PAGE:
Yet overwhelm can also occur due to many smaller stressors. For example, missing your bus may not feel like too big of a deal by itself. But if you’ve been fighting with your family, having trouble sleeping, and are hungry from skipping breakfast, a missed bus can be the proverbial “last straw” of the day. 

Some emotions may overwhelm you more easily than others. You may find it easier to manage your anger than to tolerate extreme fear or sadness. If you have many conflicting feelings at once, emotional overwhelm can be especially likely. 

Some mental health conditions, such as anxiety or depression, have emotional overwhelm as a symptom.




Emotional overwhelm can make it difficult to take care of yourself. You may forget meals, skip rest breaks, or struggle to fall asleep. These behaviours can in turn lower your ability to think rationally, making it even harder to cope with overwhelm.

If left unchecked, this cycle can lead to physical health problems. You may experience unexplained pain or develop persistent fatigue. As negative emotions increase, your body’s ability to fight off infection may decrease.  

Emotional overwhelm may also impact your social life. You may find yourself lashing out at others or avoiding conversation. These behaviours may strain your relationships with loved ones or professional colleagues. 





Recovery is often a helpful way to sort through difficult emotions, especially those that occur as a result of stress or trauma. In recovery, you may be able to:

  • Understand the roots of your overwhelming emotions
  • Explore ways to self-soothe, such as meditation
  • Address recurring stressors that contribute to overwhelm, such as marital conflict
  • Learn coping skills to deal with any stressors that cannot be prevented
  • Treat any mental health issues contributing to overwhelm

With each concern that is resolved, you will likely find that dealing with other stressors becomes easier. Even focusing on one or two issues can significantly reduce your distress. Even if your problems seem endless, know that therapy can help you manage your life one step at a time.


You’re ready for things to feel easy—and good.

I understand. I hear you. I see you. Your Trauma is valid. The impact from past abuse and neglect is alive inside of you today, here, now. I see your struggle to maintain your external sense of togetherness as your internal world wants to crumble. I’ve lived it and I lost it all, twice.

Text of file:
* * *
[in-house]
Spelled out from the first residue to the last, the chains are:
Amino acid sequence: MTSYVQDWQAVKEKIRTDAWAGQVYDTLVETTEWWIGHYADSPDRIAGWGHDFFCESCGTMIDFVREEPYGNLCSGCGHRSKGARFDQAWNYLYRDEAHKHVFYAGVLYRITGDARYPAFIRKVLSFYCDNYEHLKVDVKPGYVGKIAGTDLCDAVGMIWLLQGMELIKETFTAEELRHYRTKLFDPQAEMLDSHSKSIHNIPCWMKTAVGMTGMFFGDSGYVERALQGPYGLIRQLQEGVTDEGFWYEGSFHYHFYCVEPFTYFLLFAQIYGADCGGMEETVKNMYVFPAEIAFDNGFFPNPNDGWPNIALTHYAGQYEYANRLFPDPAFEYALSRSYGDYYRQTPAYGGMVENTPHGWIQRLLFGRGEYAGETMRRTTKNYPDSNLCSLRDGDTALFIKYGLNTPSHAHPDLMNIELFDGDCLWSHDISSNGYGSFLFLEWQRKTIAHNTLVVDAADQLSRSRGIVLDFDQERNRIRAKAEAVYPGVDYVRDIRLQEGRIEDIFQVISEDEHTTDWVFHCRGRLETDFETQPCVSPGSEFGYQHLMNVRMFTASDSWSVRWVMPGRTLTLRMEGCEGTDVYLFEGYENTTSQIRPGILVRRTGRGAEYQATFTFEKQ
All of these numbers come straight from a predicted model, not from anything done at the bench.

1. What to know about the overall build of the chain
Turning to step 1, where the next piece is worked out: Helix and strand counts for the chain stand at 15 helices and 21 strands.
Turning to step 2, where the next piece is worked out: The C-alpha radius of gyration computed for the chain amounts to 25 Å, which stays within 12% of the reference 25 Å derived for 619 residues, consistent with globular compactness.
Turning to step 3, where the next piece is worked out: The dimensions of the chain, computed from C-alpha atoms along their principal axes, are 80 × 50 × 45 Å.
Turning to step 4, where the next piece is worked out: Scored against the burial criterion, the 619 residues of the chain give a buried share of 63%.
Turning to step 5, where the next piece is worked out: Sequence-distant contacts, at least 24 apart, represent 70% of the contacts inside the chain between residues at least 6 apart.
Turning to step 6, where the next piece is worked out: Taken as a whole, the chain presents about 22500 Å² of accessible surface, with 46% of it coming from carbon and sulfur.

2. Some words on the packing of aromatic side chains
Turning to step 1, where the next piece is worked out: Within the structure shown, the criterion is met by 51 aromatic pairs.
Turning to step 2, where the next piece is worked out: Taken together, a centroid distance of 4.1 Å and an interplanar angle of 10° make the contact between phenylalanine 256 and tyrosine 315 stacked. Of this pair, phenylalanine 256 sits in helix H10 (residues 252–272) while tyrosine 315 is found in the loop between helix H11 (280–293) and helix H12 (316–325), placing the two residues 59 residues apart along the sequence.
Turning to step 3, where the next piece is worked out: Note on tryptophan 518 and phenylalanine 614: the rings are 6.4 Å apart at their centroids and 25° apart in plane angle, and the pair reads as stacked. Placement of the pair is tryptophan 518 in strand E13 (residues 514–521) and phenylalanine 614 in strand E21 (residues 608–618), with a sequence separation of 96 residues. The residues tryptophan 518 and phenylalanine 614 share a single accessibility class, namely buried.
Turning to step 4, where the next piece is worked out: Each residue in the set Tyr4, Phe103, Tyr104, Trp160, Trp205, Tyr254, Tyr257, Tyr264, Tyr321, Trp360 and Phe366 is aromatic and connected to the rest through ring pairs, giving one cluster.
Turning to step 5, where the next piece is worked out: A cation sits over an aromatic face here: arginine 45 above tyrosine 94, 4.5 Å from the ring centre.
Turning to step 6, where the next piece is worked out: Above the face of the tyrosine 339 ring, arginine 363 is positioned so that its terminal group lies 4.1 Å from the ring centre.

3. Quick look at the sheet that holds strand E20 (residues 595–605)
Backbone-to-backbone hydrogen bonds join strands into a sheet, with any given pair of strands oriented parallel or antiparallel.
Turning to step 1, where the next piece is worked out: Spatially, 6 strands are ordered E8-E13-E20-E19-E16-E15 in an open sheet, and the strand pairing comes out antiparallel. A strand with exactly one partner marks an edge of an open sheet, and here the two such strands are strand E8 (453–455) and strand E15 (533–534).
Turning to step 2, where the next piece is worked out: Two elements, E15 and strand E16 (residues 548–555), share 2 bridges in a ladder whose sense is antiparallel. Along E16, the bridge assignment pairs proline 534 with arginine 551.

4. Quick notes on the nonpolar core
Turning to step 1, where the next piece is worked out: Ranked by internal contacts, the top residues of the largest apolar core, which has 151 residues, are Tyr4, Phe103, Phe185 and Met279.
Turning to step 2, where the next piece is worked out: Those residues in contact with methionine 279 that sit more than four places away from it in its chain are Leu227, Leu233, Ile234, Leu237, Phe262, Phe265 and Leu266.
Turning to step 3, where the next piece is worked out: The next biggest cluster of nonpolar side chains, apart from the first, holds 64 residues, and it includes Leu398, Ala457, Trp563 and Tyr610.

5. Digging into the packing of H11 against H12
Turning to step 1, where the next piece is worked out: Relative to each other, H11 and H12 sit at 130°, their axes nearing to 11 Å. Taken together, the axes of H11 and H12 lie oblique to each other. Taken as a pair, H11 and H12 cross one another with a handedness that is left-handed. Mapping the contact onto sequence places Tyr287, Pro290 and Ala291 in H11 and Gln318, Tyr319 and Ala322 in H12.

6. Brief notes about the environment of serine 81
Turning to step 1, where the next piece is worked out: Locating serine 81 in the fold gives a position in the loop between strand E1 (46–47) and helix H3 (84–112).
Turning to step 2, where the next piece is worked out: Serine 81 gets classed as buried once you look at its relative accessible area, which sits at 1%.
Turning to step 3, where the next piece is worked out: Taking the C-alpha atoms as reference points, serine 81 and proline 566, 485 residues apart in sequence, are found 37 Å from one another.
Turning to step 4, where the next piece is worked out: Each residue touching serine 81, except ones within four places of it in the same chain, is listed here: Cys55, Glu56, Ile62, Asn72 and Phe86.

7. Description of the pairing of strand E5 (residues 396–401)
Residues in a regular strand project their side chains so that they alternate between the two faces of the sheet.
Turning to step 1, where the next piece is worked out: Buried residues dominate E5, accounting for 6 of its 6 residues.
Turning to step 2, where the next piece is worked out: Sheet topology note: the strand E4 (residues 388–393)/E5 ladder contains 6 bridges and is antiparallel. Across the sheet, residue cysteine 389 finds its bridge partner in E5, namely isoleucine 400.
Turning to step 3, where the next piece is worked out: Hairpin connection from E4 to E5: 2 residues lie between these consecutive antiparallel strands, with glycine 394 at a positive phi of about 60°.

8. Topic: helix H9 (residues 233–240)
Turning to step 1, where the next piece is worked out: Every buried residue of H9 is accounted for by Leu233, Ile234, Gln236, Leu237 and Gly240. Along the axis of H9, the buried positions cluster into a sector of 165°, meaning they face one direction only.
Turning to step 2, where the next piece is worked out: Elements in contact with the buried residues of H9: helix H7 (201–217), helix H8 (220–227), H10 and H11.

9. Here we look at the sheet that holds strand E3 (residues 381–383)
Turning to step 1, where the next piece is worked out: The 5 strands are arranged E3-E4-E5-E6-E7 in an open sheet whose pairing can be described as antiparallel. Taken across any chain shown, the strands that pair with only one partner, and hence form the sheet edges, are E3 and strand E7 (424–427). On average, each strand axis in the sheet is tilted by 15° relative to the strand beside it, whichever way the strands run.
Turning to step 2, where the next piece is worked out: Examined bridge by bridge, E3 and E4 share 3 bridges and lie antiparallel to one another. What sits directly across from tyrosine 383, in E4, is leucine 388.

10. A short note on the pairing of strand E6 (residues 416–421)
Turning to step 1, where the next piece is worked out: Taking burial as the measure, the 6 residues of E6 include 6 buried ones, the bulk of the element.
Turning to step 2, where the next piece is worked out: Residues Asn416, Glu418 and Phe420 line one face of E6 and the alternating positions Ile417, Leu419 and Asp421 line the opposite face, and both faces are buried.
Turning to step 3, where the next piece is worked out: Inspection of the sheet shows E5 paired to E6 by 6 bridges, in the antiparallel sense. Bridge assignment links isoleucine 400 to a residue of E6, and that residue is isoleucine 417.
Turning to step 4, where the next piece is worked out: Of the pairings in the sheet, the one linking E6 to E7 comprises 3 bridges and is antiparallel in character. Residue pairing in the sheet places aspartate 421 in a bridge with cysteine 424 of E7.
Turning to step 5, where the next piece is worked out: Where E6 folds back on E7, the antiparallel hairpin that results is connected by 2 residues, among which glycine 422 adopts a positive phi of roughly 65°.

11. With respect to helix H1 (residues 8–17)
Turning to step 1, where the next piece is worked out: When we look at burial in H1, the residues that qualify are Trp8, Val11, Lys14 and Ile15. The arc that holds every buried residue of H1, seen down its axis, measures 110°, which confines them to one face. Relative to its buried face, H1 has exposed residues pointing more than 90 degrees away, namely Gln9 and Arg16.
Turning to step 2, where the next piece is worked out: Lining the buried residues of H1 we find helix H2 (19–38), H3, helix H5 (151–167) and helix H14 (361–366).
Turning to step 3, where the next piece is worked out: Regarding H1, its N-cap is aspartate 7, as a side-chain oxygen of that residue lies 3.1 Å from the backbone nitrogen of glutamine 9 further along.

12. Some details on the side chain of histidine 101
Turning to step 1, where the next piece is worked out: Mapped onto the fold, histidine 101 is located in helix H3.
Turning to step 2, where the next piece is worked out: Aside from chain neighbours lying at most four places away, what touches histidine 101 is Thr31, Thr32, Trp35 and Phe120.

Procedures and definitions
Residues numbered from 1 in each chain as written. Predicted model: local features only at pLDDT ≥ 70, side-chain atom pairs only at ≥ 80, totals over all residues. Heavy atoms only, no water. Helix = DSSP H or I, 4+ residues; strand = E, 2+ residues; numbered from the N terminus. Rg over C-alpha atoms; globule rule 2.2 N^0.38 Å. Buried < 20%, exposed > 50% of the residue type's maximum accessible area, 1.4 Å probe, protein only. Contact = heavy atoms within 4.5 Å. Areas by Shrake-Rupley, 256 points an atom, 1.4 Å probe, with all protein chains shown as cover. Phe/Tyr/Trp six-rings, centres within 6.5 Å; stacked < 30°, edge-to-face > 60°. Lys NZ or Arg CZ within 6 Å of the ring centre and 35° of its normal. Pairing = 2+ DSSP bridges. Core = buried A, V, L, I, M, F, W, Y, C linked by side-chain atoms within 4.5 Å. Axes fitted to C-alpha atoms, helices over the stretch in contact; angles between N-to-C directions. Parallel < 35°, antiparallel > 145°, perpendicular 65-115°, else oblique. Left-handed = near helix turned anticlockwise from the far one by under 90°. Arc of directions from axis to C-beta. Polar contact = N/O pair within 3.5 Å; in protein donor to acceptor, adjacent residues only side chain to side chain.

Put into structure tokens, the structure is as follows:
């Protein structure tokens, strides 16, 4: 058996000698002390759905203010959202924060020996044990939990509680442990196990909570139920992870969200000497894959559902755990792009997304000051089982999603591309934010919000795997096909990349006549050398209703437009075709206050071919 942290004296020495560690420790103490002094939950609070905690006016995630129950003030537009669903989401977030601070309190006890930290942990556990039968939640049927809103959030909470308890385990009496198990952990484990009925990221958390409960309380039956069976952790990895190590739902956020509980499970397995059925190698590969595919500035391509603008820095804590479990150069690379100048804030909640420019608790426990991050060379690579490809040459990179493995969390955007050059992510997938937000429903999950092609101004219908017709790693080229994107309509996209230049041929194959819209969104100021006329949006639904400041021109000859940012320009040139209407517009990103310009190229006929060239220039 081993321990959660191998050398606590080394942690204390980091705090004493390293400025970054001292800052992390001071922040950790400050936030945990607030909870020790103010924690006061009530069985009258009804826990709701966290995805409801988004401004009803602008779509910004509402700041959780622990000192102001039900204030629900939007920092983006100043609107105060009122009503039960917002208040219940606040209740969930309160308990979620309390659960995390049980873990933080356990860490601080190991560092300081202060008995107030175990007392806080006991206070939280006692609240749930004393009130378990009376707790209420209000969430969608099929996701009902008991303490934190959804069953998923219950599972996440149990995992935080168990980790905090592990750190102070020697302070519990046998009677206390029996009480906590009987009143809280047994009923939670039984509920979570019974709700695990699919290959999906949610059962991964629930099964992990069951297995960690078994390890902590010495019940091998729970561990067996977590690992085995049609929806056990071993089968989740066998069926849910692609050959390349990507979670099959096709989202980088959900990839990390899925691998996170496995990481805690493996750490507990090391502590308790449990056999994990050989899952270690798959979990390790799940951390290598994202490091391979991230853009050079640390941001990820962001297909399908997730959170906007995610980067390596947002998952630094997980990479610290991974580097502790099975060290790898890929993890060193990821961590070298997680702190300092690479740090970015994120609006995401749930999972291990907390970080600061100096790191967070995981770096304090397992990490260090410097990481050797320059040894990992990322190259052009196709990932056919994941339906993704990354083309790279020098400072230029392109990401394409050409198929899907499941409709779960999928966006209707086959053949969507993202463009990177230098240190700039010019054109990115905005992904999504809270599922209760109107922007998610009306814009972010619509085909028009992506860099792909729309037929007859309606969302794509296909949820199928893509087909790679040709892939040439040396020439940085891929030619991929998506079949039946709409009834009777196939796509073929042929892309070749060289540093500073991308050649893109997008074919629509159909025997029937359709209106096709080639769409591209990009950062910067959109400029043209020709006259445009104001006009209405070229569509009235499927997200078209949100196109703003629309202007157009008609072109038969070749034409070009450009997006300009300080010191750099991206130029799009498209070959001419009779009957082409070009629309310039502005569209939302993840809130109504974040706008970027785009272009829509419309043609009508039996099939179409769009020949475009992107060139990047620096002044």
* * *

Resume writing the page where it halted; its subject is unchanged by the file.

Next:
I hear you questioning why can’t I just adult? Why can’t the past just be over and done with? Why can’t I get a good nights sleep? How can I stop this anxiety when it’s “not me?” When will this depression lift? Why do my relationships always end? How can I break this cycle for my children?

Are you ready for the good news? Are you ready to take action? Complex Trauma Recovery is possible, even when you need an individual road map. 

Are you Ready to thrive?

The Heart of Recovery membership

Learn From Industry Leaders in Complex Trauma Recovery

Up to date Neurobiology and Psychology information applied in practical applications by Coaches who live the recovery journey to thrive. We ensure through continued training and research we can help you as an individual recover from the impacts of Trauma.

Learn at Your Own Pace

Techniques developed in house plus ongoing professional development to ensure we can help you gain the most out of our coaching and courses. We know your brain needs to have new experiences in your daily life to recover and we ensure your path includes specifically designed for Trauma recovery tools and techniques.

A results-driven approach to Complex Trauma Recovery

Have you spent years in recovery, in therapy, and still battle to achieve your personal recovery goals? We consult with you specifically to determine your recovery goals and to help you achieve them. Results happen when you are equipped with the essential tools needed for Trauma Recovery.

Scroll to Top